What is the law regarding probate and an inter vivos Trust?

UPDATED: Oct 19, 2012

Advertiser Disclosure

It’s all about you. We want to help you make the right legal decisions.

We strive to help you make confident insurance and legal decisions. Finding trusted and reliable insurance quotes and legal advice should be easy. This doesn’t influence our content. Our opinions are our own.

UPDATED: Oct 19, 2012Fact Checked

Get Legal Help Today

Compare Quotes From Top Companies and Save

secured lock Secured with SHA-256 Encryption

What is the law regarding probate and an inter vivos Trust?

My father became the conservator and guardian of my grandmother, eho had dementia. He placed all her financial assets into an inter vivos revocable trust agreement in his name. He did not place her home or household items into the trust. She has since passed with a Will. Detailed documentation of financial assets have been given to probate. Can he pay her funeral expenses and taxes from this trust? What else does probate need to finalize her estate? s the trust subject to probate?

Asked on October 19, 2012 under Estate Planning, Michigan


FreeAdvice Contributing Attorney / FreeAdvice Contributing Attorney

Answered 10 years ago | Contributor

Under the laws of all states in this country trust assest per a stated trust do not need to be probated. As to payment of expenses for your grandmother's burial and taxes from trust assets depends if the language of the trust allows such. Most likely it does with or without court approval.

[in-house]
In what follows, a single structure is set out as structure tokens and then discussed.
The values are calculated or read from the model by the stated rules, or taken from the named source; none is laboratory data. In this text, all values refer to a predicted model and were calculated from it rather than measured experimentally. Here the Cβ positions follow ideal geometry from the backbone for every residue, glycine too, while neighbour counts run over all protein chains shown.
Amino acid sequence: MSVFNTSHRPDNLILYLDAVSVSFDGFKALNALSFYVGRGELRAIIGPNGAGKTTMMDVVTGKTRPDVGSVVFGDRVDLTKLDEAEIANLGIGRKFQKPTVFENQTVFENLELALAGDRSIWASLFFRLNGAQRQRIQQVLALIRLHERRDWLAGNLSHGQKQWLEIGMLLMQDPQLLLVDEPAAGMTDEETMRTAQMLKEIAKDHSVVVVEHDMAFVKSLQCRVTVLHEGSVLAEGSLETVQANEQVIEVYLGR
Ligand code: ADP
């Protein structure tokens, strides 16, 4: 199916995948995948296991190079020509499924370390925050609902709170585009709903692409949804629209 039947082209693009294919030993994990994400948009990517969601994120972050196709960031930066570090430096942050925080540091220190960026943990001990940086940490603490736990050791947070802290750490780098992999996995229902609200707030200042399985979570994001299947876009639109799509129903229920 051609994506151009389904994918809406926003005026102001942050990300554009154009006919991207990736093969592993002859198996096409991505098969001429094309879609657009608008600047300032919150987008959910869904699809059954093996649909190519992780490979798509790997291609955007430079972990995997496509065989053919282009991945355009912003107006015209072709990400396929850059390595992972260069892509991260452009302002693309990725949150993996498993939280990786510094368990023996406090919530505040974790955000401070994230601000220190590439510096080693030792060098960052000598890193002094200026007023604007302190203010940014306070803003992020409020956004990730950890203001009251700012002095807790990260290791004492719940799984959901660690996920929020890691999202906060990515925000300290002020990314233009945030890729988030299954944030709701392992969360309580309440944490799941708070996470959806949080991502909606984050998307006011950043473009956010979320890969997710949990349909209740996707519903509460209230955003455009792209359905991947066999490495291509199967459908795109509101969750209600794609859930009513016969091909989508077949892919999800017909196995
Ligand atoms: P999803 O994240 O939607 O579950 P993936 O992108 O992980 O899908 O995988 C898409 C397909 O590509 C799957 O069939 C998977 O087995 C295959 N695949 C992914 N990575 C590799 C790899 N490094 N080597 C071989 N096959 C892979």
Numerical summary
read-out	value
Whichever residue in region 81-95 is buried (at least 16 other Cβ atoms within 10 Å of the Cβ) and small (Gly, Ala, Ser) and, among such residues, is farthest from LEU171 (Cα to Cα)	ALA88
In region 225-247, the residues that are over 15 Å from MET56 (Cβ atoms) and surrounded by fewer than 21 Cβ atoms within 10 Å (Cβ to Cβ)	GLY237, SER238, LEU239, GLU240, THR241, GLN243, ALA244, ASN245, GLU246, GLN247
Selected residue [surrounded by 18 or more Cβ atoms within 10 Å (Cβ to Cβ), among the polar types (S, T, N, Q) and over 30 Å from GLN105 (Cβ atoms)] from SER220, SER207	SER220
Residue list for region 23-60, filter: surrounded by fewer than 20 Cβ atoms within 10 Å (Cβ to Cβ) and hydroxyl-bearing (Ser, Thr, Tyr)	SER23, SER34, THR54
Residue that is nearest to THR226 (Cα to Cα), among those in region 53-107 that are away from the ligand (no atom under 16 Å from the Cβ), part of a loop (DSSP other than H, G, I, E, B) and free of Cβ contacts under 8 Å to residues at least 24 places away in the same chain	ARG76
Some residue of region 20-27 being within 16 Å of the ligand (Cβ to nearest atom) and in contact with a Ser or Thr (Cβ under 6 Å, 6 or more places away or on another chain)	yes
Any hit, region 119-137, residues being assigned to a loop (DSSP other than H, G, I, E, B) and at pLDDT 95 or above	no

As to assets not placed in trust such need to be probated for a later transfer to the designated heirs stated in the trust, Will or through an intestacy proceeding. I suggest that your father consult with a Wills and trust attorney about the matter you have written about.


IMPORTANT NOTICE: The Answer(s) provided above are for general information only. The attorney providing the answer was not serving as the attorney for the person submitting the question or in any attorney-client relationship with such person. Laws may vary from state to state, and sometimes change. Tiny variations in the facts, or a fact not set forth in a question, often can change a legal outcome or an attorney's conclusion. Although AttorneyPages.com has verified the attorney was admitted to practice law in at least one jurisdiction, he or she may not be authorized to practice law in the jurisdiction referred to in the question, nor is he or she necessarily experienced in the area of the law involved. Unlike the information in the Answer(s) above, upon which you should NOT rely, for personal advice you can rely upon we suggest you retain an attorney to represent you.

Get Legal Help Today

Find the right lawyer for your legal issue.

secured lock Secured with SHA-256 Encryption